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Dogwap 07-08-2013 01:41 PM

Rejuvenating Interior Wood
 
There’s a combination of teak and teak veneer in my late ‘80s cruiser. But the wood’s really showing its age. Some areas are bleached from the sun and others appear to have minor water damage (not lifting, just discolored). The wood appears oiled/stained rather that varnished. At least the wood does not appear to have ever had a gloss finish.

What are my options for bringing the wood back to life?

I've heard that sanding the veneer is pretty risky. If sanding isn't recommended, how can I prepare the wood so that it has a consistent color prior to refinishing?

General tips?

Product recommendations?

Suggestions short of re-varnishing?

Thanks for the help.

patrscoe 07-08-2013 02:53 PM

Re: Rejuvenating Interior Wood
 
I know some people apply a varnish on their interior teak but we use heavy cleaning and lemon oil.

We first scrub and clean the teak with a soft detergent and then if needed, work up to a harder detergent where stains and other marks are visible.
After we clean, we apply two coats of Weiman polish lemon oil. Apply the oil, let it sit for 20 seconds or so, and then wipe off and rub. We used a few other lemon oils in the past but they end up drying out quickly or drying out the teak wood. Weiman brings out the reddish grain in the wood. I would avoid teak oil as it will develop mildew.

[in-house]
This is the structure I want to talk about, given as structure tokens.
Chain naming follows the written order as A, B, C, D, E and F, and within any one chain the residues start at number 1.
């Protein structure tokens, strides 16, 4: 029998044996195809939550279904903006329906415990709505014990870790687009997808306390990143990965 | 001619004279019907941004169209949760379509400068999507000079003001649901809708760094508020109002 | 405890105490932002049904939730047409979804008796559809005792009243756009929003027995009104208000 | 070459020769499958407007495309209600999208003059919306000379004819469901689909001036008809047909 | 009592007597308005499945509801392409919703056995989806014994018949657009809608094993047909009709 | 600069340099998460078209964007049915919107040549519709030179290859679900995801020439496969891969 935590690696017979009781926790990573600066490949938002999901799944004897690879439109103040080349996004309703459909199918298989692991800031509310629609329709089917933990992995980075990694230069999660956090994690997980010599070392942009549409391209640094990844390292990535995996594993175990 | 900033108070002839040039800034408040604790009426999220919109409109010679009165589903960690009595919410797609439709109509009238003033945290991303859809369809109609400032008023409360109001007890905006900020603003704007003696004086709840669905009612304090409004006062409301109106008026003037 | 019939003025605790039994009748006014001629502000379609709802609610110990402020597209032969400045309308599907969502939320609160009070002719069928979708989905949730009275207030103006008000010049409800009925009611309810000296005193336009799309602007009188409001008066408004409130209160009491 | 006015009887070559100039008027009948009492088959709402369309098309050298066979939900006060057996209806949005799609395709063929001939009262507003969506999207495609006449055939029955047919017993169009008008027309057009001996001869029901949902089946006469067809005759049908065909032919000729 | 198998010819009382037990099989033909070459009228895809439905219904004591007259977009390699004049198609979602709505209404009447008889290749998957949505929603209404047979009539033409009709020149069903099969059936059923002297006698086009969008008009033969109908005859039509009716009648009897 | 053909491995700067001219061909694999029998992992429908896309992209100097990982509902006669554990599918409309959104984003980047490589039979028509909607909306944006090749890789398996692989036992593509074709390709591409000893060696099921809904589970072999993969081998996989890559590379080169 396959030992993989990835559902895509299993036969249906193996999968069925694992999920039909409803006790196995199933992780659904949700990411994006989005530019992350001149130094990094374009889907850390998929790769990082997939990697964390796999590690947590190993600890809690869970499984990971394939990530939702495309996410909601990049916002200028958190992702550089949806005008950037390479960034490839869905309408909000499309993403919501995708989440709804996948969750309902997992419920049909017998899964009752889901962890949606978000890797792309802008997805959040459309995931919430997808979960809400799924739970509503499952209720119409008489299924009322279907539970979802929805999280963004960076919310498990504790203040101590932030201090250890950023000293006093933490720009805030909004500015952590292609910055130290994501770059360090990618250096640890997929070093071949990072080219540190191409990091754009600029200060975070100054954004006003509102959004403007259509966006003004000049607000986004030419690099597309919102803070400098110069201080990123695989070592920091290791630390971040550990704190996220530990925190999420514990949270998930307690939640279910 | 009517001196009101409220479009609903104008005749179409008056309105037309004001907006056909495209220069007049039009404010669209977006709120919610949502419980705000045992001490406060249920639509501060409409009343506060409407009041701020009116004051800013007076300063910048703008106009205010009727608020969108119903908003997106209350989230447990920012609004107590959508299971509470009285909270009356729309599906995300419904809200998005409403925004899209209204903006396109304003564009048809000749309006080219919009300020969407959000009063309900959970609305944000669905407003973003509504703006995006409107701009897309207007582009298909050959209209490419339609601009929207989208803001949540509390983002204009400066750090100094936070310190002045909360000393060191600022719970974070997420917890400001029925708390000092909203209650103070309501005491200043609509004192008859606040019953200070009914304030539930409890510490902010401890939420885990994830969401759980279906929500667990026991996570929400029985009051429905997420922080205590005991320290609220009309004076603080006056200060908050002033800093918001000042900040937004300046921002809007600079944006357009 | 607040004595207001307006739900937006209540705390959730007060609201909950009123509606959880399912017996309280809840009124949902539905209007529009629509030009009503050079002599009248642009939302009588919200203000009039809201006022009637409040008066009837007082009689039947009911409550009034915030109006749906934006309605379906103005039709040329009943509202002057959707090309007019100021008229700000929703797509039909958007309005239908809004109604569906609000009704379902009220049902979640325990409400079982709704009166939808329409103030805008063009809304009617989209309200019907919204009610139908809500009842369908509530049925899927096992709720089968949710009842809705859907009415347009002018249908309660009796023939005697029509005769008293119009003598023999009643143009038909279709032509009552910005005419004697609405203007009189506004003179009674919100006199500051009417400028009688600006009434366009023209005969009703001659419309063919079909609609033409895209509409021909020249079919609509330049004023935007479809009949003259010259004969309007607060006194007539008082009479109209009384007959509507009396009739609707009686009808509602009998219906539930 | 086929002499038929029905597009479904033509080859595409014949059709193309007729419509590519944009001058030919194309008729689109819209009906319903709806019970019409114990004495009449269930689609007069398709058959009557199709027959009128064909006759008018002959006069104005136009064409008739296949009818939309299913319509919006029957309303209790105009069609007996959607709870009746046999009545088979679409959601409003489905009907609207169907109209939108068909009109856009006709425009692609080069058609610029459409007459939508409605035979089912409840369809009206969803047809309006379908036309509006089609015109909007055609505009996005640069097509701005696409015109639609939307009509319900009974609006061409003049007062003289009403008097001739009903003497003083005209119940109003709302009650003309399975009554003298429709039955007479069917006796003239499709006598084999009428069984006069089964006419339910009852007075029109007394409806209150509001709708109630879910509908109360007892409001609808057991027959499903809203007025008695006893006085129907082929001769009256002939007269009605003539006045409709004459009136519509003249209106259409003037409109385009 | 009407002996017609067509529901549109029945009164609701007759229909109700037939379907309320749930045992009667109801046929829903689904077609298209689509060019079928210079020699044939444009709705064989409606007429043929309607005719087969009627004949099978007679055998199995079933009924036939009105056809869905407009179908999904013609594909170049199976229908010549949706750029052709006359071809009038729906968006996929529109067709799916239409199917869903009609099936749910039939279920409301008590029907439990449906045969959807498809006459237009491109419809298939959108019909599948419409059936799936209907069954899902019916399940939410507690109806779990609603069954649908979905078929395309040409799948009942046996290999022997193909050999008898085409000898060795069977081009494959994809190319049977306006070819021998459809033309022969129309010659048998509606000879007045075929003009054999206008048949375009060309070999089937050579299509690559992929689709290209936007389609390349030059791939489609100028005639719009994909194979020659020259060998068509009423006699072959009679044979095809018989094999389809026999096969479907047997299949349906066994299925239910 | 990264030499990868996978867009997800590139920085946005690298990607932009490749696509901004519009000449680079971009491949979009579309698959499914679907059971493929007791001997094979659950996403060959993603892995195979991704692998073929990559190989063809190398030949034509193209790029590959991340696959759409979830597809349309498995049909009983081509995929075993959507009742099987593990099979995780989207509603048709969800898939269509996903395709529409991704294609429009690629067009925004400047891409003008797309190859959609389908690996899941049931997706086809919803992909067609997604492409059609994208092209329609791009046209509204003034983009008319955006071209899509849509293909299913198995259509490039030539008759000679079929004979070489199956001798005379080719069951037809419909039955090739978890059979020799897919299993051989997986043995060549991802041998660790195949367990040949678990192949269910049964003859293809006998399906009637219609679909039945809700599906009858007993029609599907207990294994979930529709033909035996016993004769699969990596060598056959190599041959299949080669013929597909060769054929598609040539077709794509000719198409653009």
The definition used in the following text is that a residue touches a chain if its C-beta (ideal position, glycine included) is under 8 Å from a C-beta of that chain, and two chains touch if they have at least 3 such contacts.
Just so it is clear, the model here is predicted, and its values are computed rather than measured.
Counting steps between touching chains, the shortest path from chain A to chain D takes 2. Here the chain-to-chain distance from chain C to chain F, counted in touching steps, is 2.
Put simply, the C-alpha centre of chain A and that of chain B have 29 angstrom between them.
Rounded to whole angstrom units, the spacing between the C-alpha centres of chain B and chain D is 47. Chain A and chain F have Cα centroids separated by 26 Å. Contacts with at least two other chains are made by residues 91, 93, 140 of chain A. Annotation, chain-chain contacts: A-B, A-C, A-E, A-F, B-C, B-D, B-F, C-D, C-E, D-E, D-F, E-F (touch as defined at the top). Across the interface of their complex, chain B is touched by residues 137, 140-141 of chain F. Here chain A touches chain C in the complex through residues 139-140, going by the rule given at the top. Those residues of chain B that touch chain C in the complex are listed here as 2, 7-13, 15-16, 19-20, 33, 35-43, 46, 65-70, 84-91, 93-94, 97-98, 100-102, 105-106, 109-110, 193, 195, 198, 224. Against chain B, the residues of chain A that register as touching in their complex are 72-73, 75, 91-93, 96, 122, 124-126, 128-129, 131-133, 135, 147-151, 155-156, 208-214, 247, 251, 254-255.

Dogwap 07-08-2013 03:16 PM

Re: Rejuvenating Interior Wood
 
Thanks for the tip Patrick.

How about using teak bleach?

patrscoe 07-08-2013 04:37 PM

Re: Rejuvenating Interior Wood
 
I think if you are planning to bleach any of the teak than you are probably looking at stripping all the teak. The bleach will make the teak much lighter than all the remaining aged teak. Also using lemon oil will darken the teak over time. Sometimes the dried out teak and black water stains are very hard to bring back to original finish without stripping, bleaching or / and sanding.
If you are interested stripping everything and putting a finish on the wood, I have seen people use Varathane oil based poly with excellent results.
A lot of work though....


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